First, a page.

TORONTO – There may be an inevitable feeling of sadness when Ryan Nelsen steps off the field after he plays his final game for Queens Park Rangers against Manchester City on Tuesday, but he won't have much time to bask in it. Two days later, he will step straight into his future, as head coach of Toronto FC.
“I suppose [I'll be sad], maybe,” Nelsen told MLSsoccer.com after training on Friday before he returned to England. “If you do anything for that number of years, any job, there’s a certain sadness when you leave because you’ve been doing it for so long.
“Luckily I’m coming into a job where I’m just really excited to be here, where there’s a fantastic challenge, a really big challenge and I have no time to worry about what I did in the past. I’m not really a guy who is too concerned with what happened in the past anyway. I’m more interested in what’s going to happen in the future, and my future, hopefully, is Toronto having some success.”
The former New Zealand national team captain was introduced as TFC’s head coach on Jan. 8, though it was not certain when he was going to be able to take over full-time because of his playing obligations with relegation-threatened QPR. But last week Nelsen confirmed that he would take over his new position full-time this Friday, Feb. 1, when the Reds open their preseason stint in Orlando.
Nelsen was also with the Reds last week when they began training under the bubble at their Downsview Park facility.
“Obviously, it’s just that time, you know,” the 35-year-old Nelsen said. “That’s life. I’m not getting any younger and I always felt to get to 35-and-a-half [and still playing well], I would have given my left arm to do that 15 years go. So I have no complaints. I leave on my terms and I feel extremely fortunate to even have had that opportunity.”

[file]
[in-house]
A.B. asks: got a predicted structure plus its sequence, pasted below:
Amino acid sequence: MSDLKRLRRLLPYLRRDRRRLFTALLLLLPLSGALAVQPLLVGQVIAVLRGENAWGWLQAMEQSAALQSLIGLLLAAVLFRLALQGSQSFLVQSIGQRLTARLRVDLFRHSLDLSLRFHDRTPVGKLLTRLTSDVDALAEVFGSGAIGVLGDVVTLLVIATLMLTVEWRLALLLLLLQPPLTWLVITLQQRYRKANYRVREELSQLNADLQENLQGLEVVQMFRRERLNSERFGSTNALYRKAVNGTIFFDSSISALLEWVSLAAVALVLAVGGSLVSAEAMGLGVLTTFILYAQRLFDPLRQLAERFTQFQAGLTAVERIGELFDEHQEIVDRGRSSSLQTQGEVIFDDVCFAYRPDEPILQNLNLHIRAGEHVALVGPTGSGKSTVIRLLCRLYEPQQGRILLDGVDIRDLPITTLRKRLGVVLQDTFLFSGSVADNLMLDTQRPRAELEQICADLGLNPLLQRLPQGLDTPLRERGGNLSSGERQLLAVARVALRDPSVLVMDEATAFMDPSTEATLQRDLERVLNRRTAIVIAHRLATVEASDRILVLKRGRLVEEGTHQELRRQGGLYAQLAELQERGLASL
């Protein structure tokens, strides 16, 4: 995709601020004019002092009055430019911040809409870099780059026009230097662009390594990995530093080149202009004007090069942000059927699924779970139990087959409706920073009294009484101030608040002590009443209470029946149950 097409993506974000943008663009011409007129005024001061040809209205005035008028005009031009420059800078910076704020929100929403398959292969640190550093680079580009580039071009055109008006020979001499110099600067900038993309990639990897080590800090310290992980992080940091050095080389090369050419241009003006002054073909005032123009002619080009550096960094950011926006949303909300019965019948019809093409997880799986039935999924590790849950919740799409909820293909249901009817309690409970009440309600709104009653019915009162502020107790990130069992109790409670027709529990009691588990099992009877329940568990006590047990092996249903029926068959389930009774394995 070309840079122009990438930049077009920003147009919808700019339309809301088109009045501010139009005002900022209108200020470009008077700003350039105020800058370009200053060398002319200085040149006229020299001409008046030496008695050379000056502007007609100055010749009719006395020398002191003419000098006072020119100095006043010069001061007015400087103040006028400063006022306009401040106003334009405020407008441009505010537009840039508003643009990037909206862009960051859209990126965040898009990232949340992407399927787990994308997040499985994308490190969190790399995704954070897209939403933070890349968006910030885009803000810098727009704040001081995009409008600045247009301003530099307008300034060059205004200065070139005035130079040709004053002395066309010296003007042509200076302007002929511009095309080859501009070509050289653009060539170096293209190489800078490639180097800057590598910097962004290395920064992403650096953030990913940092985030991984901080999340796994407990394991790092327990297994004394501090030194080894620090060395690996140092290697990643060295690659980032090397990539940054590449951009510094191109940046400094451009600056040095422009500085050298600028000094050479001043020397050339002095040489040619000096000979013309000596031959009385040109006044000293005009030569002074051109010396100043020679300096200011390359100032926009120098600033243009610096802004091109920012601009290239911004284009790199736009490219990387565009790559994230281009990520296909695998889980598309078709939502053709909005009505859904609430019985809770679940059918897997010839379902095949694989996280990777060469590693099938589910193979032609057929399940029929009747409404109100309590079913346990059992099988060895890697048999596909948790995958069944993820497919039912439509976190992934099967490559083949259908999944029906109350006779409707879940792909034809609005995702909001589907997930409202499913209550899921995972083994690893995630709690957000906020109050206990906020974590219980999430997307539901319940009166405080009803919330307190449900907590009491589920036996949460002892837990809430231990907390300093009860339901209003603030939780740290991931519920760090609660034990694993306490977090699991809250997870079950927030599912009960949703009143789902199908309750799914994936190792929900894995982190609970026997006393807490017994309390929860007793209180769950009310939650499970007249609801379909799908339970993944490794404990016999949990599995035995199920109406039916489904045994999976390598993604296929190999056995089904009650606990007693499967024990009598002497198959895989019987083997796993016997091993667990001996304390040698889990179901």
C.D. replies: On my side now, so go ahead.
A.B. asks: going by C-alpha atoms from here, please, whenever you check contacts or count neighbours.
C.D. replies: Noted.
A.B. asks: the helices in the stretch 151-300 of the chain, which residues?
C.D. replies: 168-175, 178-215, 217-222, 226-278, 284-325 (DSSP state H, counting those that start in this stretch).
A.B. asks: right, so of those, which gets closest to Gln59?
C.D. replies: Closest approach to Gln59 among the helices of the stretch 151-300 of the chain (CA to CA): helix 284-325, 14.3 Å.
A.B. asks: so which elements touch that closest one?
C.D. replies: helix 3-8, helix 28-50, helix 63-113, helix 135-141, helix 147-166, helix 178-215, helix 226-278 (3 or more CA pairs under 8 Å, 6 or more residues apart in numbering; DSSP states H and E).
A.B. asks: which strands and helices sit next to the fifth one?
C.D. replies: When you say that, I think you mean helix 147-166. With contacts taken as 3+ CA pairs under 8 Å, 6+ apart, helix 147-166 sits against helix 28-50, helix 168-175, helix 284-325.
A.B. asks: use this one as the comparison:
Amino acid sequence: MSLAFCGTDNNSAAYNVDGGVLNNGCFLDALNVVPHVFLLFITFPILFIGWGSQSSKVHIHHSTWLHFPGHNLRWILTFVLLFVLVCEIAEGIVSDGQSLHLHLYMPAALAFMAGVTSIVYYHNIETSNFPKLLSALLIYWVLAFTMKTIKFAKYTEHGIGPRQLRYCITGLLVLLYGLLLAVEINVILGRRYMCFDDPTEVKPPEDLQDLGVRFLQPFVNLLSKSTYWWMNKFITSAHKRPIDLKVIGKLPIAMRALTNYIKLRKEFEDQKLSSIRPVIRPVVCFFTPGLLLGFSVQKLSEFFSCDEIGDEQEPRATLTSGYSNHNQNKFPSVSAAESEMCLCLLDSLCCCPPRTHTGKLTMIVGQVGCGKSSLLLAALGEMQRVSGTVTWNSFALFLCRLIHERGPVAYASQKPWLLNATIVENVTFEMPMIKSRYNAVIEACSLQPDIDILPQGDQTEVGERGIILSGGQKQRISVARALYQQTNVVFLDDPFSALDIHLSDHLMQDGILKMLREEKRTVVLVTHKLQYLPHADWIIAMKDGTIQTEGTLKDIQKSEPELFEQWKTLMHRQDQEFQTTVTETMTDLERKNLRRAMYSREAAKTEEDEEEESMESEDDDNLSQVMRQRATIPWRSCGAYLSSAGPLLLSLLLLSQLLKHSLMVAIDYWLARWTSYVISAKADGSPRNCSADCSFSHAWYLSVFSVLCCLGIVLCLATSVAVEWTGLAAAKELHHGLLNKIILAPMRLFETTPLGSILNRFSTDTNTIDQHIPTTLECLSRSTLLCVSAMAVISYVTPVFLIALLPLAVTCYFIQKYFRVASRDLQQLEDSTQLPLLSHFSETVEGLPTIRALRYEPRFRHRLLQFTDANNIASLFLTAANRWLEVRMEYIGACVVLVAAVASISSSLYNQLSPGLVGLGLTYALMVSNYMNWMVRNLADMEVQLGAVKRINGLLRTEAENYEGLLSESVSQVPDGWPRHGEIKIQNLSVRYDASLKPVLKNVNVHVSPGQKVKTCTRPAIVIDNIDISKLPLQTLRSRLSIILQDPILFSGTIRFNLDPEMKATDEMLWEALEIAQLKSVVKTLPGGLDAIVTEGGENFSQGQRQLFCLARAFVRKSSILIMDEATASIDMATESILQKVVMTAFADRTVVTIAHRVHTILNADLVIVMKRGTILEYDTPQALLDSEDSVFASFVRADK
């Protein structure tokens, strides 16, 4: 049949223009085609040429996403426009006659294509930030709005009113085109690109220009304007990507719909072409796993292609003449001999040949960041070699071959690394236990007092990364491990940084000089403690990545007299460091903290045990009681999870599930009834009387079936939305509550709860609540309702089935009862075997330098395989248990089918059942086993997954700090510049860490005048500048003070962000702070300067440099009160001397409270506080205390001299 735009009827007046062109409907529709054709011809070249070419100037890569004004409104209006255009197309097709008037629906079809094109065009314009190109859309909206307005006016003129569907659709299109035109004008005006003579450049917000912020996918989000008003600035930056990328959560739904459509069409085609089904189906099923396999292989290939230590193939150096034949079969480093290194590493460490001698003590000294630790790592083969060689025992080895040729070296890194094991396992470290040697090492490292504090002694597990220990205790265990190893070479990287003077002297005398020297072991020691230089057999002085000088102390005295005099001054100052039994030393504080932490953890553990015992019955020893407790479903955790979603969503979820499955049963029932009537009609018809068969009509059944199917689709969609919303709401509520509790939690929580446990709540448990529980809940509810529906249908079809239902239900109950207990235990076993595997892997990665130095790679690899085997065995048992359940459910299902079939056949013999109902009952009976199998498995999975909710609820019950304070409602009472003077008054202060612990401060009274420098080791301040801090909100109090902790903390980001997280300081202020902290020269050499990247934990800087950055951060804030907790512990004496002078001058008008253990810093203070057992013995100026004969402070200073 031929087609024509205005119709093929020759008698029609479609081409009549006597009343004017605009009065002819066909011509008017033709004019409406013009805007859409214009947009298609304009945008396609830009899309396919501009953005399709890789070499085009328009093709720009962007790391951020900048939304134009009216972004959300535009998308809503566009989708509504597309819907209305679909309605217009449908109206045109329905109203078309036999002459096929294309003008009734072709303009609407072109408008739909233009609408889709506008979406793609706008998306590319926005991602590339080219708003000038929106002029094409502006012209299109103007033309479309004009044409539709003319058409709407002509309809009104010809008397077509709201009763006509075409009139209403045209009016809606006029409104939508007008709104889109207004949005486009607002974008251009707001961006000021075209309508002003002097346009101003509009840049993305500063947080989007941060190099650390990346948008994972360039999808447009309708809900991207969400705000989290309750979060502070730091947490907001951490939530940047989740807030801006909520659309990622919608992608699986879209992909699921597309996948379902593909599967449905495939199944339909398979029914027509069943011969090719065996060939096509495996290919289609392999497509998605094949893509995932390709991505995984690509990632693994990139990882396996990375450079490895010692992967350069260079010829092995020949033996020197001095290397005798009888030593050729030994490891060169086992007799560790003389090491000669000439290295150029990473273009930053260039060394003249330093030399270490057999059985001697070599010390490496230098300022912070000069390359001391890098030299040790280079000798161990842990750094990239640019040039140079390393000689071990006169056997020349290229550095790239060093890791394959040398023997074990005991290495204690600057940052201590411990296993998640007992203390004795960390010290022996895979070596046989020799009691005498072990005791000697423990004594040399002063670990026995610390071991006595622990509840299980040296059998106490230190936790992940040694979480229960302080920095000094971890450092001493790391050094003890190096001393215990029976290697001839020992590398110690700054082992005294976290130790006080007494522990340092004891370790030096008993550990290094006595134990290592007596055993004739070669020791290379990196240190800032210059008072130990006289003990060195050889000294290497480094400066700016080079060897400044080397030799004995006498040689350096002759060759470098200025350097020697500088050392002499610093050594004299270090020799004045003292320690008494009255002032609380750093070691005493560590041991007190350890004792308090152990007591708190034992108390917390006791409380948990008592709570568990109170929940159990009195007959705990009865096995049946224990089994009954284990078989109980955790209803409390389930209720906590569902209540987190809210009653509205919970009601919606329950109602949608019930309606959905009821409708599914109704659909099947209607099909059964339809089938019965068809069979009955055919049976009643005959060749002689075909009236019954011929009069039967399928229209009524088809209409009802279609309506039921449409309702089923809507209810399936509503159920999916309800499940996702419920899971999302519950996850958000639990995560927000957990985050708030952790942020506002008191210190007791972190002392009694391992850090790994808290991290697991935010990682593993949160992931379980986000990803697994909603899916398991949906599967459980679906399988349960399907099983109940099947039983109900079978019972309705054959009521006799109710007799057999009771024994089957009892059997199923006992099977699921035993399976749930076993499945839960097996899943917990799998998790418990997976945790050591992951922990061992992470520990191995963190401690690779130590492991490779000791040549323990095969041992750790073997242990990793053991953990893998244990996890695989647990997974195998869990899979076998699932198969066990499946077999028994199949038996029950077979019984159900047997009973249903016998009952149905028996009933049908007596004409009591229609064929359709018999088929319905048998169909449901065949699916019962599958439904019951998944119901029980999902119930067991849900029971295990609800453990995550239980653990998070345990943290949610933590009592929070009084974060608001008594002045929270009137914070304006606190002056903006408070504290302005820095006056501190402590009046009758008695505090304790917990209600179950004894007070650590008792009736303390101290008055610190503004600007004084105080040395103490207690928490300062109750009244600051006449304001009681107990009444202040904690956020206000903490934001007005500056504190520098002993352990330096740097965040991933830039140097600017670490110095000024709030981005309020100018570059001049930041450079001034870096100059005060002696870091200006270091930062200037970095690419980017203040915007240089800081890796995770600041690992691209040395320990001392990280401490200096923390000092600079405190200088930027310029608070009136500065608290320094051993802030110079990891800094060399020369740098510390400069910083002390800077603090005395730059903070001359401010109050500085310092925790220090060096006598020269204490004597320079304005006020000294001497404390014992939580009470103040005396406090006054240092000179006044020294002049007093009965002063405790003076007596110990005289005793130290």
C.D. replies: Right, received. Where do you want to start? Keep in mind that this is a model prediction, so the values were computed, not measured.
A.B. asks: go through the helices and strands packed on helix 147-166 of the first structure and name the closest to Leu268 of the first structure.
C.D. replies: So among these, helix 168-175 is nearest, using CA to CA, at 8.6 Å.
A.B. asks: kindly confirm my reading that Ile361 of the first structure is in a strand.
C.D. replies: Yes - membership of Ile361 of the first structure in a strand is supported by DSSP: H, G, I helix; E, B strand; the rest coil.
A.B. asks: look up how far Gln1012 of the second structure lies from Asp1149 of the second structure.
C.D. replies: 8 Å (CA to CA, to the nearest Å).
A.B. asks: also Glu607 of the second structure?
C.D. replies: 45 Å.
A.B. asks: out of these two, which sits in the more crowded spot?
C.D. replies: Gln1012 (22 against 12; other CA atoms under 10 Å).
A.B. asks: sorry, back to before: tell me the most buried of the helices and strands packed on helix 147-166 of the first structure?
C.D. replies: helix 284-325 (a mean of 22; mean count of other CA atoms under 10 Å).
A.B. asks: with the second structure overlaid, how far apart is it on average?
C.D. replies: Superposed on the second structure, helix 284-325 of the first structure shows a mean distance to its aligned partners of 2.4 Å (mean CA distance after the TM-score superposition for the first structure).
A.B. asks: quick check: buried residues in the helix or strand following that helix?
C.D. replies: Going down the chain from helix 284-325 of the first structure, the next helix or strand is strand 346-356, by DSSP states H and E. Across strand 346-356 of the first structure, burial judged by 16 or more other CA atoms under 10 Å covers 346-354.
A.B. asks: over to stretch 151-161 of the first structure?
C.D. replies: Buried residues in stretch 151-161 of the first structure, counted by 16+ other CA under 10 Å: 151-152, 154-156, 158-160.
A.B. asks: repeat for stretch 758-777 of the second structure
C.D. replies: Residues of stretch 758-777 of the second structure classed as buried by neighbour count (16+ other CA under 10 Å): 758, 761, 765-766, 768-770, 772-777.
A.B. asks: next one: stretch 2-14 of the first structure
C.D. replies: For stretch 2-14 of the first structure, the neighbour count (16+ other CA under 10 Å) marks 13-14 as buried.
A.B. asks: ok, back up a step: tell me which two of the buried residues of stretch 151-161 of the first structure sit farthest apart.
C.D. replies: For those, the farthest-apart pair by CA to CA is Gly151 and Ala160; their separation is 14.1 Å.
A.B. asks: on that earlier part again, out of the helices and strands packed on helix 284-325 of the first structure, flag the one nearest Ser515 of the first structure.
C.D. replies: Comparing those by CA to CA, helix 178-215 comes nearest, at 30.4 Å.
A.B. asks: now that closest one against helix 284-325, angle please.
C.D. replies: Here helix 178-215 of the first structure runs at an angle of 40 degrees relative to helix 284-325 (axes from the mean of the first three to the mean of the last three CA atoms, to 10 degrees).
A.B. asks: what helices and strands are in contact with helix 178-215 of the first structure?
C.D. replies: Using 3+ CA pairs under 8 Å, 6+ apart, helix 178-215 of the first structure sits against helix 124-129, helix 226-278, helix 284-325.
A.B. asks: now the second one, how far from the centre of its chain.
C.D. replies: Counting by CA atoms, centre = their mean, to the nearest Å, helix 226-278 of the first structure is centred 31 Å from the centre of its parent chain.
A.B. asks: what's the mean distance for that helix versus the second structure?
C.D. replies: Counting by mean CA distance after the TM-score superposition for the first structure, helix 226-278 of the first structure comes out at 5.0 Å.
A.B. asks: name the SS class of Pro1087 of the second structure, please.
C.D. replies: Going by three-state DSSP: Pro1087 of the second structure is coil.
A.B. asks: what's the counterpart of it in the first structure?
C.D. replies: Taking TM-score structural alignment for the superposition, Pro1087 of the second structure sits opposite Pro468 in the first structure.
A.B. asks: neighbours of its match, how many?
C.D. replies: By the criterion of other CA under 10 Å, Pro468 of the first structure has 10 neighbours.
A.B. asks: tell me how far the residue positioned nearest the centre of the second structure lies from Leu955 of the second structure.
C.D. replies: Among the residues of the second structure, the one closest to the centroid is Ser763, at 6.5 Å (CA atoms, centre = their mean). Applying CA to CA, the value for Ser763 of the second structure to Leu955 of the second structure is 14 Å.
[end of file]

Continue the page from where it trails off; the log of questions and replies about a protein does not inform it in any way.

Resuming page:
Nelsen was drafted out of Stanford University by D.C. United in the first round of the 2001 MLS SuperDraft and played four years there before joining Blackburn Rovers in the Premier League, where he played from 2005-2012. He joined Tottenham Hotspur during the second half of last season and then moved to QPR for the 2012-13 campaign, and is pleased to be going out at one of the game's highest levels.
“I wouldn’t say [I'm] at the top of my game, but I’m close,” Nelsen said. “I always wanted to go out on my terms. I didn’t want to be a player that kind of held on, you know. Even now, though, my mind can see it but my body can’t really back it up. When that was happening, I knew it was time.
“I’ve got two bone defects in my knees. Both have had operations, it’s wear and tear. I’ve got a hamstring issue where my hamstring is screwed on with screws and mesh at the moment. Just countless stuff over the years, which every player has. But it kind of wears on you and I’d like to one day be able to play with my kids instead of walking around with a cane.”
The wear and tear may stop with Nelsen's entry into coaching, but the challenge to him may be equally as big – getting Toronto into the playoffs for the first time in franchise history would be an impressive first step in building a coaching legacy matching that of his playing days.